London: UK companies added payrolls at a record pace in June as the reopening of the economy triggered an unprecedented scramble for staff. The number of employees on company books climbed by 356,000, the Office for National Statistics confirmed on Thursday.
Demand for staff rose, with vacancies in June alone increasing to a record 962,000, up 7 per cent from May. "The rise in vacancies confirms the ongoing struggle to hire staff," said Suren Thiru, head of economics at the British Chambers of Commerce. "The recruitment difficulties faced by firms go well beyond temporary bottlenecks. Staff shortages may drag on any recovery."
The figures come a day after Bank of England Deputy Governor Dave Ramsden highlighted the unexpected buoyancy of the labor market and signalled that officials may soon have to consider whether to withdraw emergency stimulus to keep inflationary pressures in check.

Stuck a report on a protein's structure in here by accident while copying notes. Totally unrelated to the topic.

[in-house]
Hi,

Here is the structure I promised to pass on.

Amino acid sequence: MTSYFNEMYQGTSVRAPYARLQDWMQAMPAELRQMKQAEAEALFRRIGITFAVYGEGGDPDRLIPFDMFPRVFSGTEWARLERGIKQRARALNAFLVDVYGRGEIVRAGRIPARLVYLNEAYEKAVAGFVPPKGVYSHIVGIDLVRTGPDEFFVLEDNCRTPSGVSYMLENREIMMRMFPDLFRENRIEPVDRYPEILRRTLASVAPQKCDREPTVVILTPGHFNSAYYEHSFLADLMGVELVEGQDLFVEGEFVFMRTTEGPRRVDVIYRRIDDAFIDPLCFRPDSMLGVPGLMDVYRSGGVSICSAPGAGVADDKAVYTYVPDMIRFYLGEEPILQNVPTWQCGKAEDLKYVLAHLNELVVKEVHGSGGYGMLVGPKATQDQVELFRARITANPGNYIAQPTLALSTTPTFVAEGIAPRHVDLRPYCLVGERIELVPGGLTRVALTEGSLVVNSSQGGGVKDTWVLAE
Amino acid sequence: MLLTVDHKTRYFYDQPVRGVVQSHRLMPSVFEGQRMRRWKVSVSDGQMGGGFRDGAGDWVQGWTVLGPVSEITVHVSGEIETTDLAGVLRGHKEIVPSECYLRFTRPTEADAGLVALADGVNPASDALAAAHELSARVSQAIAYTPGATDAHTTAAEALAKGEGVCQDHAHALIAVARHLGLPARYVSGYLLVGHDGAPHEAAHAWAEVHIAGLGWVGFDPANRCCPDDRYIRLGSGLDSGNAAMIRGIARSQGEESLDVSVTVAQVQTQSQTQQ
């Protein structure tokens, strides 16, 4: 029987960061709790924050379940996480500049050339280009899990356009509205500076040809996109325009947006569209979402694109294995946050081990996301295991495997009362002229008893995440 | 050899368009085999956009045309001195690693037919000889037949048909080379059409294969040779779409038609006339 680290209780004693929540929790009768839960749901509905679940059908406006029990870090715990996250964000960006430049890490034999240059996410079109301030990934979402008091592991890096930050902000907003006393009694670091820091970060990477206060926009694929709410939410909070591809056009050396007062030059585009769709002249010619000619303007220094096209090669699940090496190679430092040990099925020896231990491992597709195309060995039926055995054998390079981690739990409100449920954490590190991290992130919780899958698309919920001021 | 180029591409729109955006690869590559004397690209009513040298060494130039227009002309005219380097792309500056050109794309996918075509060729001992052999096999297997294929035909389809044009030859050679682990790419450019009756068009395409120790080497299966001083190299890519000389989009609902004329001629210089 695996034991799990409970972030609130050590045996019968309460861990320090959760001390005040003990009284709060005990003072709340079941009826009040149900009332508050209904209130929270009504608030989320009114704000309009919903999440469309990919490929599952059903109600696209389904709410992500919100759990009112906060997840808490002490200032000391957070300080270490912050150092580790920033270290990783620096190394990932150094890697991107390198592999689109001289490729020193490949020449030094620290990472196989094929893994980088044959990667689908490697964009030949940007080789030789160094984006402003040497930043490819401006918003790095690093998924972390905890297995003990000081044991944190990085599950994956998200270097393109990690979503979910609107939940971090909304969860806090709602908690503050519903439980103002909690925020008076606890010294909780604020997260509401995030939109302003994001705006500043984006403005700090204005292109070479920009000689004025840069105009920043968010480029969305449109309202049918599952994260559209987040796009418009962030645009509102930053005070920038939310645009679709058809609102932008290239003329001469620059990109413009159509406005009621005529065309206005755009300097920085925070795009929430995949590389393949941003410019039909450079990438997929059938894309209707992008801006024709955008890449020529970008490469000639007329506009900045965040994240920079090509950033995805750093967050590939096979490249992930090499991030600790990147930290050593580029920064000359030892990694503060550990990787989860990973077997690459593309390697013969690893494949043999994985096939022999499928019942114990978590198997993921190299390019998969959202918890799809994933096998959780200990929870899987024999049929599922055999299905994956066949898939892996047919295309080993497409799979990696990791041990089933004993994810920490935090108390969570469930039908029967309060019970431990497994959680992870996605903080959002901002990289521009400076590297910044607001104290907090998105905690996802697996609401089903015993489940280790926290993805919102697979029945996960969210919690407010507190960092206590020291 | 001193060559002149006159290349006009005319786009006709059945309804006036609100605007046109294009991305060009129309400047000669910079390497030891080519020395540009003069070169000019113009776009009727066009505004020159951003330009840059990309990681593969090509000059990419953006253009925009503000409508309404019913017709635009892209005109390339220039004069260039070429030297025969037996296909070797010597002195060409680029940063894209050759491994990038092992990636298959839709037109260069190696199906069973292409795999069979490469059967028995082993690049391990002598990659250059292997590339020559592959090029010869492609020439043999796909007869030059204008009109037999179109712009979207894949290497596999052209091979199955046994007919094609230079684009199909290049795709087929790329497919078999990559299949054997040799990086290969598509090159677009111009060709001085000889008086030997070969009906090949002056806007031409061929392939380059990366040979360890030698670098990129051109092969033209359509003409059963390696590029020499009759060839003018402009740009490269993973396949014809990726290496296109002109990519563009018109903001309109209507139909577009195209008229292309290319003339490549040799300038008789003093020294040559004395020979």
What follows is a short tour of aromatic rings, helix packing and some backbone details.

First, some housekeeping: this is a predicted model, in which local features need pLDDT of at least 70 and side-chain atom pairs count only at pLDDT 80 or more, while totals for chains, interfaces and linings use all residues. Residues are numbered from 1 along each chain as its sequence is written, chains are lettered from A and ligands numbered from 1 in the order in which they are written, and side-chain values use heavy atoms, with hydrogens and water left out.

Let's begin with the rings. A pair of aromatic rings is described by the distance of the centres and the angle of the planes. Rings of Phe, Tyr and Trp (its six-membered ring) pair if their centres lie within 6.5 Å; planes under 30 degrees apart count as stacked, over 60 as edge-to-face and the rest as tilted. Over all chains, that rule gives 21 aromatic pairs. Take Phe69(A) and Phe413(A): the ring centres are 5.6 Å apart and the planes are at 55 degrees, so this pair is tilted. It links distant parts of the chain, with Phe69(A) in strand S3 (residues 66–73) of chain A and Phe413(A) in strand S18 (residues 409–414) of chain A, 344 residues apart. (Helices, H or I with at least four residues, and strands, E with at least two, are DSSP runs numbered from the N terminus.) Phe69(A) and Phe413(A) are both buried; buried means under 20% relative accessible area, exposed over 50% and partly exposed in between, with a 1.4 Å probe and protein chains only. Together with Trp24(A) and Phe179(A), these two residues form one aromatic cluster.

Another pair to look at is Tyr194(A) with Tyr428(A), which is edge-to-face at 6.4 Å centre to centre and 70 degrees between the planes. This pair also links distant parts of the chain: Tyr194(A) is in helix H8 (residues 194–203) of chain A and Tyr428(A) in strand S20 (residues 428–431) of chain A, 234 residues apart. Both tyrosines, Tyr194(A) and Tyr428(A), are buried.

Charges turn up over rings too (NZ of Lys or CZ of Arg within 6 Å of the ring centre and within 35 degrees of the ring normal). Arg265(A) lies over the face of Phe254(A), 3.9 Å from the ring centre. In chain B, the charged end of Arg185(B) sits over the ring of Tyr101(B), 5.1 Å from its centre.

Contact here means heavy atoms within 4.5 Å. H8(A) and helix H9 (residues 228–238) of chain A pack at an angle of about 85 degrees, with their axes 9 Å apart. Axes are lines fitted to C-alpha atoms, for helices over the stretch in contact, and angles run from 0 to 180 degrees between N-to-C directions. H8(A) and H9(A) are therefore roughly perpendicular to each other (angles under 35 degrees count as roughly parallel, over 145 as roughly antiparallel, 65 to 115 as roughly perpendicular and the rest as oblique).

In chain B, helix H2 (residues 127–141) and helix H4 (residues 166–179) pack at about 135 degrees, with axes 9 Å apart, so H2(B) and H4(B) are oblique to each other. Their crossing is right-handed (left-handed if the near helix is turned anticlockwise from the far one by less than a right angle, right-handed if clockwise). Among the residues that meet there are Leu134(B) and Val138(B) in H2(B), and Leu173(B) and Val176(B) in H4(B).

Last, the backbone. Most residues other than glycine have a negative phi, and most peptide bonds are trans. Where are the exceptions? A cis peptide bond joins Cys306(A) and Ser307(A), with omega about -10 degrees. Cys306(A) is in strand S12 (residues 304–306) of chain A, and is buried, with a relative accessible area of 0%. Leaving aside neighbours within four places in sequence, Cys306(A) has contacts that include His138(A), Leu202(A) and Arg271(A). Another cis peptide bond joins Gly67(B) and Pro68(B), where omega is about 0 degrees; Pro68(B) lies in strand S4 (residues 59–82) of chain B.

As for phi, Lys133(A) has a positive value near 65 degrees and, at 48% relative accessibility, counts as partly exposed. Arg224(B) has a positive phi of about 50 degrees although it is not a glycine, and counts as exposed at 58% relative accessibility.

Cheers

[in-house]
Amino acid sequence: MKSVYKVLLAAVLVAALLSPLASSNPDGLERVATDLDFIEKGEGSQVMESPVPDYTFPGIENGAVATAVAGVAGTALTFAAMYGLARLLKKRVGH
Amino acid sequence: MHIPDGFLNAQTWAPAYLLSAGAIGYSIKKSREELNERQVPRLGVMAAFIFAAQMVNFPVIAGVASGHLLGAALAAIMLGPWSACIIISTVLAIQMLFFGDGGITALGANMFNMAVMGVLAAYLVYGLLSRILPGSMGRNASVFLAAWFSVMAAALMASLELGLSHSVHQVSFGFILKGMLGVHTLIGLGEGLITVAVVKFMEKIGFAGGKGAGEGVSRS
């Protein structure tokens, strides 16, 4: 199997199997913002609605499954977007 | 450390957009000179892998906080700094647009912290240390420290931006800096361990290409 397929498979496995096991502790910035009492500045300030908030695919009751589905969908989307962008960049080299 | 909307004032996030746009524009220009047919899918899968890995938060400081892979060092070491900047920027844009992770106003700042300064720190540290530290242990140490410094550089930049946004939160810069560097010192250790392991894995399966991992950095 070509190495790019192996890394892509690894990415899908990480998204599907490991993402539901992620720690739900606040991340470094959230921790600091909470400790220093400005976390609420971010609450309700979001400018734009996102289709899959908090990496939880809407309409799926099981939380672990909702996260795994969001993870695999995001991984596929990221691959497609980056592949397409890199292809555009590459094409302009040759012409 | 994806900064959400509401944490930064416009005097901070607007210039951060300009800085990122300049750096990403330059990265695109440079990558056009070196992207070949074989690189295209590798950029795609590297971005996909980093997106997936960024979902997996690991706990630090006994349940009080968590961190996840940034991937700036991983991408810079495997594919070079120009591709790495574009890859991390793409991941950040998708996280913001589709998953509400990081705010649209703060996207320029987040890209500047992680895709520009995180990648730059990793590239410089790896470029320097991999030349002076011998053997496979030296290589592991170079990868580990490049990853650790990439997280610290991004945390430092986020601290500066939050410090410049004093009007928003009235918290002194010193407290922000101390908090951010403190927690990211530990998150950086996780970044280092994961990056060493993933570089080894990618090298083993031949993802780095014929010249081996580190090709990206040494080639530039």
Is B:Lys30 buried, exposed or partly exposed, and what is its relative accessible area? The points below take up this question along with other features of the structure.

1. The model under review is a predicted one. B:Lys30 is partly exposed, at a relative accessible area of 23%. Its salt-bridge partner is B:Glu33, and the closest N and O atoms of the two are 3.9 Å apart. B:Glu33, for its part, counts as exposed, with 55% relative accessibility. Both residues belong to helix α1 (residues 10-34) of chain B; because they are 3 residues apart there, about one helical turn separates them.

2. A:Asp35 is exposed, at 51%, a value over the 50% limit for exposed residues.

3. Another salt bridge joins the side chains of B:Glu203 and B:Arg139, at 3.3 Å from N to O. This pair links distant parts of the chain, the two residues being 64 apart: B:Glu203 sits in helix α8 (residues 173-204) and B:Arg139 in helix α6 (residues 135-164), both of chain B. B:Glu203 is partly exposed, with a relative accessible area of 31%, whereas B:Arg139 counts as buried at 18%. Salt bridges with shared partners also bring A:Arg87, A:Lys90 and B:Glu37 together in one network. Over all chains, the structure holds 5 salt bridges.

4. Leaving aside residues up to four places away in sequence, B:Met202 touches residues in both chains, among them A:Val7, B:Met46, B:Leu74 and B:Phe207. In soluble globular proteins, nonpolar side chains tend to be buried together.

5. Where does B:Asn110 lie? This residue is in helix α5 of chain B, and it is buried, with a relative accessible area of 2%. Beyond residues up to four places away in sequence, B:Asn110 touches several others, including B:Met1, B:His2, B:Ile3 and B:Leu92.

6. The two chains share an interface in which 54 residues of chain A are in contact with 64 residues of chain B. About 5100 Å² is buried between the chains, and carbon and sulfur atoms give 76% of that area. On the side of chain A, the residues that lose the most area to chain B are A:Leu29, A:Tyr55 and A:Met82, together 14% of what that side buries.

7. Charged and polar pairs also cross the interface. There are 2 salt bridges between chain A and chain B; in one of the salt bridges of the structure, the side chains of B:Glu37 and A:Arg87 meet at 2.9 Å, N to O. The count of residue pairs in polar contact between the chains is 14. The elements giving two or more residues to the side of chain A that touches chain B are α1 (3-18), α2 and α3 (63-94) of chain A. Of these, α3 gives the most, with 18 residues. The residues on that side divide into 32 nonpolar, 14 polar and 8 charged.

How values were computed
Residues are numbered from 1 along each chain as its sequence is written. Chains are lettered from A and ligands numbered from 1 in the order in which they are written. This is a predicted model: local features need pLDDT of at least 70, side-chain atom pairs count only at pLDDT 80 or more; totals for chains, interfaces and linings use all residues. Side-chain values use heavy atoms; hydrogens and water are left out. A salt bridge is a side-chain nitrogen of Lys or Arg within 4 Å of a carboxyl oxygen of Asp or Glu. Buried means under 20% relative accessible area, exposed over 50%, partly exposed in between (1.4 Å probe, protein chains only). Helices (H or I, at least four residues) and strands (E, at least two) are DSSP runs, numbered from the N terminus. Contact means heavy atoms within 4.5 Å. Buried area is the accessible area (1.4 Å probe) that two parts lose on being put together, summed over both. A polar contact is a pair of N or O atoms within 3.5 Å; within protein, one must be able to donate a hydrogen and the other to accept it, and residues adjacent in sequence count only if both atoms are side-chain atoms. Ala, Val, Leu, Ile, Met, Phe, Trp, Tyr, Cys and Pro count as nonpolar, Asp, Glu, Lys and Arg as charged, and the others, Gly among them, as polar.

Speedy salary gains
Wages including bonuses rose an annual 7.3 per cent in the three months through May, the fastest on record. The increase reflected depressed wages a year earlier, the loss of low-paid jobs and the return to full-time work of staff who were previously furloughed on just 80 per cent of their pre-pandemic salary. The ONS estimates underlying pay growth is running at 3.9 per cent to 5.1 per cent.
"We are bouncing back," Rishi Sunak, Chancellor of the Exchequer, said in a statement. "The number of employees on payrolls is at its highest level since last April and the number of people on furlough halved in the three months to May."